Offering something distinctly different and threateningly confrontational, US metallers Markradonn make their introduction with the riveting Final Dying Breath EP. It is a release which challenges thoughts and ears whilst leading them on a fury of creative invention and experimentation. It is not a journey which allows an easy passage but it is one with the strongest rewards for the effort and intensive examination given.
Hailing from Florida, Markradonn take influences from death and black metal alongside progressive and symphonic metal into their self-termed ‘Experimental Atmospheric Metal Musical Expression’. It is a striking and gripping endeavour which on initial terms raises as many questions as it answers but emerges over time as a thoroughly absorbing and aggressively demanding experience which leaves a hunger for more. That raging appetite will soon be fed by the band’s debut album Ceremonial Abnegation Part 1: Ad Ex Carne Excoriation (Excoriation of the Flesh), it the first part in a series of concept albums that will include 4 parts in all, a 25 song concept epic about a man who has completely renounced his life and all of his beliefs in a ceremony that results in the end of his life, and the entire process of his soul/essence returning to the place of the first creation. Before its early 2014 though we have the vigorous appetiser the Final Dying Breath EP to preview things and set up the seeds of anticipation for the emerging project.
Recorded between the last waking hours of last year and the awakening of this, The Bluntface Records released Final Dying Breath opens with its title track and is soon washing the ears in ominous atmospheres and consuming rhythmically framed ambiences. The vocals of Haniel Adhar Markradonn squall with serpentine venom and toxicity across the expanse of the track whilst his guitar craft backed by Allen C Raia sear and burn with melodic intensive flames which singe air and ear. It is the rhythmic evocation though which commands the passions, the orchestral percussion of Jon Gabriel Katz a rising theatre for the drama and the creative slaps of drummer Tim Carter an evocative scourge of the narrative to drive the track deep into the imagination. It is a gripping start if one which frustrates as does the EP as a whole in its production. It may be just the promo sent over but the production is very muddy which certainly adds to the consumptive oppressive depths of the theme perfectly but defuses all the nuances and individual scripting which you know is sculpting the impressive effect and success of the song.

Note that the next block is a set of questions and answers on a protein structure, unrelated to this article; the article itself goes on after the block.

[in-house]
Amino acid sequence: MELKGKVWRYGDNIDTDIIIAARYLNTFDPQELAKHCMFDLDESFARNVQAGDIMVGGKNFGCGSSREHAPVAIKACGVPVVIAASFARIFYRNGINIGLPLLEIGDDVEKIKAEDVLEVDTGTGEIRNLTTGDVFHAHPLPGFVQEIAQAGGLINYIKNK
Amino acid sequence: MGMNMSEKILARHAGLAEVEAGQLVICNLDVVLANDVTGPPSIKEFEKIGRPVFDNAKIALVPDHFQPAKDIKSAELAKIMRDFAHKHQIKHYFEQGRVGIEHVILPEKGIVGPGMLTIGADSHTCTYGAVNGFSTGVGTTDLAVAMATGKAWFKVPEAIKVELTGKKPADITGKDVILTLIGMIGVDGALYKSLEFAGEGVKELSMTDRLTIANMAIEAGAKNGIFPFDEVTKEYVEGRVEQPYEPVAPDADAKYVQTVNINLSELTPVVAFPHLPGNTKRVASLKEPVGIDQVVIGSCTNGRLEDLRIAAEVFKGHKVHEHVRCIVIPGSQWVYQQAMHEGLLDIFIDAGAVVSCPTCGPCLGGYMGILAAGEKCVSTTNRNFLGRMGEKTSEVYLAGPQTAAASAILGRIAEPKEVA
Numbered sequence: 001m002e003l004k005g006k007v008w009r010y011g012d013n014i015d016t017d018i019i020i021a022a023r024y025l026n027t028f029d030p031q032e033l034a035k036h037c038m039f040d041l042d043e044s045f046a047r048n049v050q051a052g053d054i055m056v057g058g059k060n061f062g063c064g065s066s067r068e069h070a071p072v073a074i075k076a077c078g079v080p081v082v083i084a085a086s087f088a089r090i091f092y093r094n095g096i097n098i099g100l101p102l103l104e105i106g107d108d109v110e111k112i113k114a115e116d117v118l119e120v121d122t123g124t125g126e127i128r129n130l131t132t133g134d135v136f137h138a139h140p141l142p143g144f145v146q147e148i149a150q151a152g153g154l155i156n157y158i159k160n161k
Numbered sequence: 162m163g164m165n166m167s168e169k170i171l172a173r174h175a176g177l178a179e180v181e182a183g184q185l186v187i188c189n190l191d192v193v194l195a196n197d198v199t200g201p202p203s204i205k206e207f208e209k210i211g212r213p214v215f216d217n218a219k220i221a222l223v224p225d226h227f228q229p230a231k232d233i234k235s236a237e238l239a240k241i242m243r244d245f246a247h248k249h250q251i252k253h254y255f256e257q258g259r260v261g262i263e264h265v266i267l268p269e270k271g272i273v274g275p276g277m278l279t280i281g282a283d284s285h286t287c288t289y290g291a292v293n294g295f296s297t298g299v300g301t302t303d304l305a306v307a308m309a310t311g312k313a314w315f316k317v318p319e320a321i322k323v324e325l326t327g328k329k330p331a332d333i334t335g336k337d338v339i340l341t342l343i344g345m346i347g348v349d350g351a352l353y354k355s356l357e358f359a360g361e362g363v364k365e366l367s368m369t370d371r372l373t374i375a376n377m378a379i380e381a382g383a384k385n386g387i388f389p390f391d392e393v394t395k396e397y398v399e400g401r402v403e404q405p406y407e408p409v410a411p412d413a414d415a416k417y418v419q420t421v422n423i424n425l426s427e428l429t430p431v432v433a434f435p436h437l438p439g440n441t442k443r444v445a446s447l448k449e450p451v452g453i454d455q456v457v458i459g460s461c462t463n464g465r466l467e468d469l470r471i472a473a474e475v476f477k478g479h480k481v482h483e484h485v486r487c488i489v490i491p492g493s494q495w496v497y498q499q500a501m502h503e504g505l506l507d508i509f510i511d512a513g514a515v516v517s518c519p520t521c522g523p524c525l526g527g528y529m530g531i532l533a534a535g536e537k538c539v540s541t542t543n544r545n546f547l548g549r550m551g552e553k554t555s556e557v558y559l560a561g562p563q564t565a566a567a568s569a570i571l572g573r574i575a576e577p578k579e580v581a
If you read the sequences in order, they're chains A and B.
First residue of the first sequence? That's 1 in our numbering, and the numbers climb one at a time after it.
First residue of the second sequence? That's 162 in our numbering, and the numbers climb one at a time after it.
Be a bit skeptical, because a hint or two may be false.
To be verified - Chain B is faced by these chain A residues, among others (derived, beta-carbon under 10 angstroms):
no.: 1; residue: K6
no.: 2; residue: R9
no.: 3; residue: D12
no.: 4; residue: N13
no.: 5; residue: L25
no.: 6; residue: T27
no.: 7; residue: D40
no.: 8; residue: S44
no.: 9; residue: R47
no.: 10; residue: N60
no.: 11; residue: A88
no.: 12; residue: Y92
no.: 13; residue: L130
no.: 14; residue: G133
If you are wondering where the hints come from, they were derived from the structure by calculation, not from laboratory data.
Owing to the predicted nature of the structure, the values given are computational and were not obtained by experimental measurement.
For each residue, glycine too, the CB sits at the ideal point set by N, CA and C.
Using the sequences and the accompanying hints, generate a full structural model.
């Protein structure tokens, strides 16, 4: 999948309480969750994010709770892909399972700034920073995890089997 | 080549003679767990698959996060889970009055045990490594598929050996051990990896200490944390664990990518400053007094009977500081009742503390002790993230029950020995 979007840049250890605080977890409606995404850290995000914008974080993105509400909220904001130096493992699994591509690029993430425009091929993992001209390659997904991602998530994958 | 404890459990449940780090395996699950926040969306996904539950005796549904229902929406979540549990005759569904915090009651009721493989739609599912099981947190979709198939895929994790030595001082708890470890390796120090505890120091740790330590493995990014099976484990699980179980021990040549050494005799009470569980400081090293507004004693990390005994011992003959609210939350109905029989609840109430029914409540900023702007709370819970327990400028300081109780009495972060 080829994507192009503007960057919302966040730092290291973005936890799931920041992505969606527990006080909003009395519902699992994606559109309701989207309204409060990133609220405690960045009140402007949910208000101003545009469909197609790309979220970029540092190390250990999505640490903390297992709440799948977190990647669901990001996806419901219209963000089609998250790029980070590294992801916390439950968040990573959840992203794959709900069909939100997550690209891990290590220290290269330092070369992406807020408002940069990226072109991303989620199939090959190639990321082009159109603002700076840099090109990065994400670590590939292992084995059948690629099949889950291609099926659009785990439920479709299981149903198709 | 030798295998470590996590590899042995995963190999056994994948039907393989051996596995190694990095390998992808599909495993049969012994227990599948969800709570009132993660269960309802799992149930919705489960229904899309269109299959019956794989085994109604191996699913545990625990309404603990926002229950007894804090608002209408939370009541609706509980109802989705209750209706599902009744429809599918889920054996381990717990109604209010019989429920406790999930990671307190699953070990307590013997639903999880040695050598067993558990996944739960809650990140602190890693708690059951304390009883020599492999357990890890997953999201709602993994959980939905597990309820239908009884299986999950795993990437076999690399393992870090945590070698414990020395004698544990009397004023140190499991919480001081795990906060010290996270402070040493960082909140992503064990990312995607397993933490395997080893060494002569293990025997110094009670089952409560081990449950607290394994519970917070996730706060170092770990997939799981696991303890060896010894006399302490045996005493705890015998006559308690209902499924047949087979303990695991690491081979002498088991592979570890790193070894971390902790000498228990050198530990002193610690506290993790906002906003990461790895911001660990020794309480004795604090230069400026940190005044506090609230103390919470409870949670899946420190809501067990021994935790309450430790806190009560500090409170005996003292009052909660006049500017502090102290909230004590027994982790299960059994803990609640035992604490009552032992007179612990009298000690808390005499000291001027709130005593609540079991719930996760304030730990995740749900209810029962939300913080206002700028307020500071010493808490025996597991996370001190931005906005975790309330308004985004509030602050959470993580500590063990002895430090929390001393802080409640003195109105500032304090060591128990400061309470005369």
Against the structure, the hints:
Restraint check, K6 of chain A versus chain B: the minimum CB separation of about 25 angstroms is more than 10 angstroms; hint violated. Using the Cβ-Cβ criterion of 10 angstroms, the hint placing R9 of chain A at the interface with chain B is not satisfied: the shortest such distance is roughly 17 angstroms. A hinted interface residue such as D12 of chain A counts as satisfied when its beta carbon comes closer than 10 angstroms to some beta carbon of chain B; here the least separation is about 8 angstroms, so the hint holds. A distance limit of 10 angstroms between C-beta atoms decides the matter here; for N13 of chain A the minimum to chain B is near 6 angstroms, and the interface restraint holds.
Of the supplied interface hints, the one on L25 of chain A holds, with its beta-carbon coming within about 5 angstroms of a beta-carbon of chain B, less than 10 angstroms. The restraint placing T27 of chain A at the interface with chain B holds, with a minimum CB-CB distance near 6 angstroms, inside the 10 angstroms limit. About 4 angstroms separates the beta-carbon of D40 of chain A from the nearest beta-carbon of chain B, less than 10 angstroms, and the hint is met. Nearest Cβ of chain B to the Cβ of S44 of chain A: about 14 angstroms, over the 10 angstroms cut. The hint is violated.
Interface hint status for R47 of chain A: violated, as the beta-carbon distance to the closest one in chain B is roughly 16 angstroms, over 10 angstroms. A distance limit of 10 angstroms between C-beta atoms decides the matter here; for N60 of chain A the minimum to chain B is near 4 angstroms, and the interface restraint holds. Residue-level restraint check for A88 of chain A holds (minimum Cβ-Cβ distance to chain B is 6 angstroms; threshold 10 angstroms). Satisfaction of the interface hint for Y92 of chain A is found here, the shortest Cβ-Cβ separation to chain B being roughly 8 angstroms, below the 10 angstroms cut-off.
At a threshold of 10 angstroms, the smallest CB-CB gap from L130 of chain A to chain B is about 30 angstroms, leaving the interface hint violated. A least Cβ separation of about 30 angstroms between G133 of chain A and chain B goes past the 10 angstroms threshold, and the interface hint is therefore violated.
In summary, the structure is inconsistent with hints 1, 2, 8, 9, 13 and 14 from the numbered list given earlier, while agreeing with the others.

The following Internal Hate Unbounded heralds in the senses with a colourful fanfare within a stalking embrace which intensifies its predation as drums and bass carve their temptations in the underbelly of the caustic symphonic flight. The pestilent heart of the track soon prowls its cause around the ferocious bestial premise whilst the music opens up all its darkest corners and magnetic lures for a tempest of avant-garde vitriolic adventure. As nasty as its predecessor, may be more so, but with a more open welcome before its ruin, the track again leaves the mind and emotions enslaved in a turbulent and needy peril, unsure of where to run but wanting more.
No Redemption, No Forgiveness is a cavernous enticement, a climactic instrumental which parades a soundscape of desperate emotions, lost hope, and emotional turmoil. With brass flames coursing through its evocative halls from Chris King, trombonist Jesse Hudson, Matt Farrington, Nick Weaver, and Reebeka West, the piece is a thoroughly potent instigator to imagination and emotional exercising, each run of its landscape building to stronger hued thoughts and interpretations.
The EP’s finest moment comes with the final two tracks, Frenzied Winter Sorrow and Cathartic Spiritual Purgation. The first of the two smothers the ears in another delicious drum persuasion, the orchestral percussion joining its lure to cast more drama over intrigue before the track explodes into a torrential fury with the brass at times soothing its passage without lessening its malevolent angst. There is a folk metal revelry lurking within the bedlam too which only adds to the enticement but again with a more understanding production the track really could have risen to imperious heights, though the excellent guitar play and solo as well as the rhythmic cage leaves only strong satisfaction behind. The closing track actually emerges as the favourite, the song another rhythmic jungle with an infection clad appeal but one aligned to an aboriginal calling through the didgeridoo of Dennis Bottaro. Shards of guitar scar and wrap around the maze of rhythms whilst a synth-guitar colours between the rhythmic punctuation but it is the drums and percussion which steal the passions and inspire the imagination.
Final Dying Breath is a promising and adventurous burst into view by Markradonn with only the production an issue, though arguably a big one, but as the EP was produced by Haniel Adhar Markradonn maybe it is supposed to be this way. Fingers crossed not and the album sees a more rewarding touch to the undoubtedly outstanding ideas and sounds, we for one cannot wait.
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